In the realm of materials science, novel graphene fibers exhibit a higher thermal conductivity than many other common metals such as copper or aluminum. Graphene fibers can therefore effectively dissipate heat and conduct electricity, and their performance is further enhanced both through well-aligned and abundant graphene sheets. Here, I report the development of highly-crystalline graphene fibers exhibiting enhanced electrical and thermal conductivity. To form the graphene fibers, both small-sized and large-sized graphite oxide precursors were manually wet-spun in a calcium chloride coagulation bath. Afterwards, these fibers were sintered at two temperatures, 1800 and 2400 oC, in order to remove all the oxygen functional groups and excess defects to form highly-crystalline graphene fibers. X-ray diffraction (XRD), X-ray photo-electron spectroscopy (XPS), and Raman spectroscopy results indicate a significant reduction of the oxygen groups and a promising, near-graphite crystallinity that increases with increasing temperature. Notably, the graphene fibers annealed at 1800 oC comprised of 30% small-sized GO and 70% large-sized GO exhibited the highest conductivity, as the ratio was optimized to account for both good alignment and high material density. The 30% small-sized GO fiber composition yielded the highest thermal conductivity of 600 W/m-K and the highest electrical conductivity of 1.07 x 10^5 S/m.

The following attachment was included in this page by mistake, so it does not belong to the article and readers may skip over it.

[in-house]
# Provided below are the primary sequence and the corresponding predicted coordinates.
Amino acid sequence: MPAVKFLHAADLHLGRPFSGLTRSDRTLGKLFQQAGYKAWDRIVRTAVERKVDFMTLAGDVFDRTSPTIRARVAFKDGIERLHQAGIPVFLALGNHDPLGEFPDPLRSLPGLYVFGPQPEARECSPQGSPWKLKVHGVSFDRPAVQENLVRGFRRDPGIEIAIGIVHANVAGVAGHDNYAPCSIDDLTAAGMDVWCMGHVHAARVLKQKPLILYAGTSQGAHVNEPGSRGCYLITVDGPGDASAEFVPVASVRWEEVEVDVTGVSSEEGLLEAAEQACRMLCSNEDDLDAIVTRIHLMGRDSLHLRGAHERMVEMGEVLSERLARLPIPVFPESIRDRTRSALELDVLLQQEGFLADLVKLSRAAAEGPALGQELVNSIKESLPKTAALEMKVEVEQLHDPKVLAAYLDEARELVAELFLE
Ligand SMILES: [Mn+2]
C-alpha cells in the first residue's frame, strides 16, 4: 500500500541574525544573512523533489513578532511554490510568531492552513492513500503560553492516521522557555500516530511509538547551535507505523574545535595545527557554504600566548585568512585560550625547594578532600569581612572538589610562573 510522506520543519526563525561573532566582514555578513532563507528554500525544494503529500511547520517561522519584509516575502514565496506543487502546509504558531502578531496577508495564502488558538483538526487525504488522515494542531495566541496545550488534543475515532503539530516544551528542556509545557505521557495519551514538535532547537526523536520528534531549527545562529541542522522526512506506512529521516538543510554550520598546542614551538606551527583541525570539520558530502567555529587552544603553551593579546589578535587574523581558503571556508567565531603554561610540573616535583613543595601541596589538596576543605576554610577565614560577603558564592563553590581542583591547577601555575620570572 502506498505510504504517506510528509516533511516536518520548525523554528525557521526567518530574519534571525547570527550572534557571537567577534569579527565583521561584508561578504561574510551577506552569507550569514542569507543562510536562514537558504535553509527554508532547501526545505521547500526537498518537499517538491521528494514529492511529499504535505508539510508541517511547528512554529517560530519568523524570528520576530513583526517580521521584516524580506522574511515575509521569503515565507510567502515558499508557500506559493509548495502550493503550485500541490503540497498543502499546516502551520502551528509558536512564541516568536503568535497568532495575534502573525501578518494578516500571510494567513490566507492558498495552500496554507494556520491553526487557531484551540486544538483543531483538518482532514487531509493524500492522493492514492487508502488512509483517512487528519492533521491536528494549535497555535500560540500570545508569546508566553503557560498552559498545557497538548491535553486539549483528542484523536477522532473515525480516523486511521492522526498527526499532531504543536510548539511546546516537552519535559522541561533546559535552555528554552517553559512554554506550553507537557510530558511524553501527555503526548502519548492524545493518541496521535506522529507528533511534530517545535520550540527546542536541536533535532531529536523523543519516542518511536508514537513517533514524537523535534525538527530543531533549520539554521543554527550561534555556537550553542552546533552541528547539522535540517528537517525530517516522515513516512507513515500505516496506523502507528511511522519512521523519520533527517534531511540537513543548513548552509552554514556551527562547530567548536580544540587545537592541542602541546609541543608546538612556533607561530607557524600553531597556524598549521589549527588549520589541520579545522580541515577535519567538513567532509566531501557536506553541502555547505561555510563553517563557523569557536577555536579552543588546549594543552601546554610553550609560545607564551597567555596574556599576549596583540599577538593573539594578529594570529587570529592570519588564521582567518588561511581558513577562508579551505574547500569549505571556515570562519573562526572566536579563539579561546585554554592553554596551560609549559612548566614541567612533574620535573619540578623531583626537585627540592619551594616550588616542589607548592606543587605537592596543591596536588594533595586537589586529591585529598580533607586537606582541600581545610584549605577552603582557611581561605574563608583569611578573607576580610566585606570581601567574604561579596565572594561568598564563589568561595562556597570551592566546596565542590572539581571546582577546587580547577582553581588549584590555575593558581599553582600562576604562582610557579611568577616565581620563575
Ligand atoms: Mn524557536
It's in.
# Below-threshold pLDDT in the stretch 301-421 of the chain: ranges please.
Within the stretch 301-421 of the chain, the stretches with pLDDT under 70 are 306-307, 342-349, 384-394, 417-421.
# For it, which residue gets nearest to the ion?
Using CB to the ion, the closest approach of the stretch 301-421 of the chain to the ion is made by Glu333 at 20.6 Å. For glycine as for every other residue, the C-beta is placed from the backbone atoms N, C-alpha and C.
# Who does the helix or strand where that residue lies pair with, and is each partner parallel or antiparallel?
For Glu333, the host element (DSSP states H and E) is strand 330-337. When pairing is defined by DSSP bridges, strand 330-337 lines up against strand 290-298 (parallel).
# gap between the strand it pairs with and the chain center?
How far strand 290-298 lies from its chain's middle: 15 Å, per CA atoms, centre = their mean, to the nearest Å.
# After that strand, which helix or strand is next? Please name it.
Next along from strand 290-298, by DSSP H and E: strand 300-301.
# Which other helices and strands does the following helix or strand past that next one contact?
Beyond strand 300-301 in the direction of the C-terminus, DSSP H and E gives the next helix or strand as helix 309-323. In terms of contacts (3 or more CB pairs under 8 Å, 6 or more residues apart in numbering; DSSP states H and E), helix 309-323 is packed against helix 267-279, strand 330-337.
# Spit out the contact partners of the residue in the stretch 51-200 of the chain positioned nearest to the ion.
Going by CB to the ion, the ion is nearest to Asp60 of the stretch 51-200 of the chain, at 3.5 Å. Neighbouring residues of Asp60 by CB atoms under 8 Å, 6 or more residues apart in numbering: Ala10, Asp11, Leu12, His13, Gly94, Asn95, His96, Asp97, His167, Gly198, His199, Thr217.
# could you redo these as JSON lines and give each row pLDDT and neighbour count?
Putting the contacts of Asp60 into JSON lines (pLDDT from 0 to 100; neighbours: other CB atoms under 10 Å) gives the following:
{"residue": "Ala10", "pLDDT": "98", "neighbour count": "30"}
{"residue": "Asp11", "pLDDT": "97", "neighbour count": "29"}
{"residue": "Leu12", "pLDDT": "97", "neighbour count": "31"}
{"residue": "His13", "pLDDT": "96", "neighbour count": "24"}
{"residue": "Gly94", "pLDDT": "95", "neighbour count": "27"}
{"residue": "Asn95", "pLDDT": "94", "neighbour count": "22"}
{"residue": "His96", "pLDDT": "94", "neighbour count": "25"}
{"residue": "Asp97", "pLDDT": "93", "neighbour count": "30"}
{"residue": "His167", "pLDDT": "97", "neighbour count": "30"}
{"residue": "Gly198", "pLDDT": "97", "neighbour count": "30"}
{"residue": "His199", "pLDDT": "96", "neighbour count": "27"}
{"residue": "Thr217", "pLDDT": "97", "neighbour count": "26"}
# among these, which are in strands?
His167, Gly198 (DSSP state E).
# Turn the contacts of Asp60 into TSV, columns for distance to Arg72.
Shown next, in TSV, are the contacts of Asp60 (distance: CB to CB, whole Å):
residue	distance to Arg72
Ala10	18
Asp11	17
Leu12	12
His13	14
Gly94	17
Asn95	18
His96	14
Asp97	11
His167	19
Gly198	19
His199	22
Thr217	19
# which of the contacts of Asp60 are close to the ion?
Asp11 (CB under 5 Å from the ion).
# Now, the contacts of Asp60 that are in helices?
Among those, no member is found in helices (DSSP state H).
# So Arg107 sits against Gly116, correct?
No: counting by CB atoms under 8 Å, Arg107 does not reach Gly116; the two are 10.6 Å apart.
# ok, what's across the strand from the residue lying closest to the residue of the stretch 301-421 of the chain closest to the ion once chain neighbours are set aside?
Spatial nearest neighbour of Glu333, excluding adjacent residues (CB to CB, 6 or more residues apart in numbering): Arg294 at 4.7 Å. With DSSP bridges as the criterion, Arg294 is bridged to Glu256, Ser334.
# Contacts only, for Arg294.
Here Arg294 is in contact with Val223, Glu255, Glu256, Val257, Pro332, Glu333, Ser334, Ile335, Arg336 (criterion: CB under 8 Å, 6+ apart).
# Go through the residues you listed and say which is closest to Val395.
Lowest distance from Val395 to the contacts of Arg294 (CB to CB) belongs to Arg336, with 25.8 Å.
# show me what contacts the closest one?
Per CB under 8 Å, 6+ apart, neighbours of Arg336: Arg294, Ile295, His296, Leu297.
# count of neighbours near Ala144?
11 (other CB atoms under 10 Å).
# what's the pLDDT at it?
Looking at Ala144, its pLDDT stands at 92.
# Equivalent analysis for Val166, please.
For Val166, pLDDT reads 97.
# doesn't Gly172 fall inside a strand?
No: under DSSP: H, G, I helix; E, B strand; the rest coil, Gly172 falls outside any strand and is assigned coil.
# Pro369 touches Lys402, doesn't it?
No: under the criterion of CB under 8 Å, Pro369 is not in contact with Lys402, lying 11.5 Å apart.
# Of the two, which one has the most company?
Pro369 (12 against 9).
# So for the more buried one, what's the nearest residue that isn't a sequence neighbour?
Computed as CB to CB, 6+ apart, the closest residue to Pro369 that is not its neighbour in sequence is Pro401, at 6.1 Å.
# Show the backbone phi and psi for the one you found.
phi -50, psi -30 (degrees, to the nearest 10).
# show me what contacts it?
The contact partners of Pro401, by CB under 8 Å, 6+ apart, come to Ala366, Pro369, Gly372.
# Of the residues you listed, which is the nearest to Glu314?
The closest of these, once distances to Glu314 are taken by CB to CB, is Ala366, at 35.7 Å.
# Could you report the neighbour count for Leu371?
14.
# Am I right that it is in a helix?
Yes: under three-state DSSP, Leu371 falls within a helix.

Fourth Award of $500